Prior to this year, the state had fallen from ranking 8th to 19th during the past decade in the percentage of women serving in the legislature, with the percentage dropping from 31.6% as recently as 2009, according to the National Conference of State Legislatures. Connecticut’s 2009 legislature included 59 women, 31.6 percent of the membership, the 8th highest percentage among the states. In 2011, there were 56 women, 29.9 percent.

For their 2019 legislative sessions, the states with the largest contingent of female legislators are Nevada 50.8%, Colorado 47%, Oregon 41.1%, Washington 40.1%, Vermont 39.4%, Arizona 38.9%, Alaska 38.3%, Maine 38.2%, Maryland 37.8%, Rhode Island 37.2%, Illinois 36.2%, Michigan 35.8% and New Mexico 34.8%.  As with Connecticut, the numbers in other states may vary slightly due to resignations or elected legislators opting not to serve.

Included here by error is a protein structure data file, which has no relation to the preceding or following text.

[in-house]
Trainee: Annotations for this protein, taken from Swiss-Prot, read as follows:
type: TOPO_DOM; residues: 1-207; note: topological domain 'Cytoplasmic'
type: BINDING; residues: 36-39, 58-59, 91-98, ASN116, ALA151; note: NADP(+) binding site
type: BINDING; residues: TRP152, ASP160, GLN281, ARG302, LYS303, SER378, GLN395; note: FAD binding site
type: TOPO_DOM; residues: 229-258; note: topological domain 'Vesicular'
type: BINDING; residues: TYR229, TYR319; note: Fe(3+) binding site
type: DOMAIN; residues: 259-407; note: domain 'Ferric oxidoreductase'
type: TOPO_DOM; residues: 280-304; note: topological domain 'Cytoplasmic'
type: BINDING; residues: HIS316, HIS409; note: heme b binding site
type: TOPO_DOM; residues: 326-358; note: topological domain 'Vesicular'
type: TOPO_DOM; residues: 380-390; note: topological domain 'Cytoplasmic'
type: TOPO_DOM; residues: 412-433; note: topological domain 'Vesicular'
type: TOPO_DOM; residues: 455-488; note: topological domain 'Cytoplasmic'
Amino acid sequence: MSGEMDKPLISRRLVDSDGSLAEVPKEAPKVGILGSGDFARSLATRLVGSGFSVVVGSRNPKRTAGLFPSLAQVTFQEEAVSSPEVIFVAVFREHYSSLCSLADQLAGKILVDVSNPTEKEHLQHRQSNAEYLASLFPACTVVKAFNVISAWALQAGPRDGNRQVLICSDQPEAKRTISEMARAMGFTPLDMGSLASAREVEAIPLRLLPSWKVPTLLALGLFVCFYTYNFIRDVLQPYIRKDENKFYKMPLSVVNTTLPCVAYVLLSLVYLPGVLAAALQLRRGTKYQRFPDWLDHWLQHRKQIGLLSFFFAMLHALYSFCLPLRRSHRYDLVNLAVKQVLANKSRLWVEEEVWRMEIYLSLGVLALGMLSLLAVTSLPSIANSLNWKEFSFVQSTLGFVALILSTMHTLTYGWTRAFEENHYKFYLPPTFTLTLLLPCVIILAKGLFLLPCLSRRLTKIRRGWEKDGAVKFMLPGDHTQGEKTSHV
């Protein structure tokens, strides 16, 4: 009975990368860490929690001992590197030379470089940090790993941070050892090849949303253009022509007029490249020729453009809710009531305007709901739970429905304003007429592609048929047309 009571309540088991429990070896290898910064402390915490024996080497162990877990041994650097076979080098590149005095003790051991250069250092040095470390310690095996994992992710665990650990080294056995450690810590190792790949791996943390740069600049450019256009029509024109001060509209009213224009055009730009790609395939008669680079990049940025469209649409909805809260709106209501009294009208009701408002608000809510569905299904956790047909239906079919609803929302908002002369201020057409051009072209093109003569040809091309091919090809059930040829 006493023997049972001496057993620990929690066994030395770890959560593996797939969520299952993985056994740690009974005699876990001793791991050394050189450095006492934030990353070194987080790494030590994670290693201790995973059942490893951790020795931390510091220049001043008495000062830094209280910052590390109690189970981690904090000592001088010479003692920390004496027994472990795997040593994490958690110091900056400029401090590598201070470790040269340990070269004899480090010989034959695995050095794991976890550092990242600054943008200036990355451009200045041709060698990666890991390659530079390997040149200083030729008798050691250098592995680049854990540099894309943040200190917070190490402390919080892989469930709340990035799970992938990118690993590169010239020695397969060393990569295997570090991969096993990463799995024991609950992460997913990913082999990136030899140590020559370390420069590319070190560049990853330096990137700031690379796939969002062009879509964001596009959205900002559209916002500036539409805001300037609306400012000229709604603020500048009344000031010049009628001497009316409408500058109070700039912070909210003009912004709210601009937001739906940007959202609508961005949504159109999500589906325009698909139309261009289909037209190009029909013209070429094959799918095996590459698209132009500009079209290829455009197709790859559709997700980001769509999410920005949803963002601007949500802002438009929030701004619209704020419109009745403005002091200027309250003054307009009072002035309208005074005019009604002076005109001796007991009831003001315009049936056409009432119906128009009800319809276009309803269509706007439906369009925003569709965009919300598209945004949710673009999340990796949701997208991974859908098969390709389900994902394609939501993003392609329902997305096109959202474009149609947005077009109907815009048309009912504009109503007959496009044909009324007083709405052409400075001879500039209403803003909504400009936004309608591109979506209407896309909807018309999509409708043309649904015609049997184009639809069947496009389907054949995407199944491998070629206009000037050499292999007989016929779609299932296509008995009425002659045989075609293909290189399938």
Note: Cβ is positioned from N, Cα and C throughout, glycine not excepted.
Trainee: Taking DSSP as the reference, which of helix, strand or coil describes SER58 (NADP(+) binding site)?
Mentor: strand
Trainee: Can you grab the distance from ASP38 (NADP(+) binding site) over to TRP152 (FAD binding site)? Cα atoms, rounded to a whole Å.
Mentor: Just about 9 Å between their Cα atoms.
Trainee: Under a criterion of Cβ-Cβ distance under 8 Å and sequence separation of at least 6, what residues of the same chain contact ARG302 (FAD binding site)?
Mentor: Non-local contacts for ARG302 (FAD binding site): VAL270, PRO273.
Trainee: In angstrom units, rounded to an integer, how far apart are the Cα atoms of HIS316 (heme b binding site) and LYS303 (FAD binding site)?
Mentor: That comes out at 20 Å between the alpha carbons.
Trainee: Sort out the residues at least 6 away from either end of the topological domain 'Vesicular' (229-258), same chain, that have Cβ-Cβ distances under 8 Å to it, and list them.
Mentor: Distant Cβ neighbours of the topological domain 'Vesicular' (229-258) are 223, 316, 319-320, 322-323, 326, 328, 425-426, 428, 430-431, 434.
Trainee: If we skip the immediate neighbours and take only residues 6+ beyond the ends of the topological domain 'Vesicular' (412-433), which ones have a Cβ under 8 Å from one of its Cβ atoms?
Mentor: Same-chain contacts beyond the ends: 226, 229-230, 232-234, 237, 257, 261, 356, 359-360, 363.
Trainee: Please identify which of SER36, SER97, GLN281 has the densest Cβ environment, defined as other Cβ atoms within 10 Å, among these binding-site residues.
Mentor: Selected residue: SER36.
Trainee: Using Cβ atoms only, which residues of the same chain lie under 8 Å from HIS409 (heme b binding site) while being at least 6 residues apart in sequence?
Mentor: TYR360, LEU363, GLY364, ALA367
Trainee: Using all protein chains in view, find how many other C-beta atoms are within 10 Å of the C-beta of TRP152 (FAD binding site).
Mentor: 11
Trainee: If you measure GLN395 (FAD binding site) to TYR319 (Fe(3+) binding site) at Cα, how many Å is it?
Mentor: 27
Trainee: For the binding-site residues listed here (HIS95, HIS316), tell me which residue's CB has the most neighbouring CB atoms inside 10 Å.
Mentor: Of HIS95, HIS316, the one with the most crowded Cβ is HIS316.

Nationally, women hold 2,110 of 7,383 state legislative seats.  Democrats hold more than twice as many – 1,430 Democrats and 663 Republicans. That is an increase of more than 300 Democratic women and a drop of about 40 Republican women in state legislatures across the country compared with 2017, according to NCSL data.


Task Force Report on State Response to Alzheimer’s Nears Completion

Thirty-one states have published a plan to respond to what advocates describe as the “escalating crisis” of Alzheimer’s Disease. Connecticut may be next, and is one of 13 states currently in the midst of developing plans.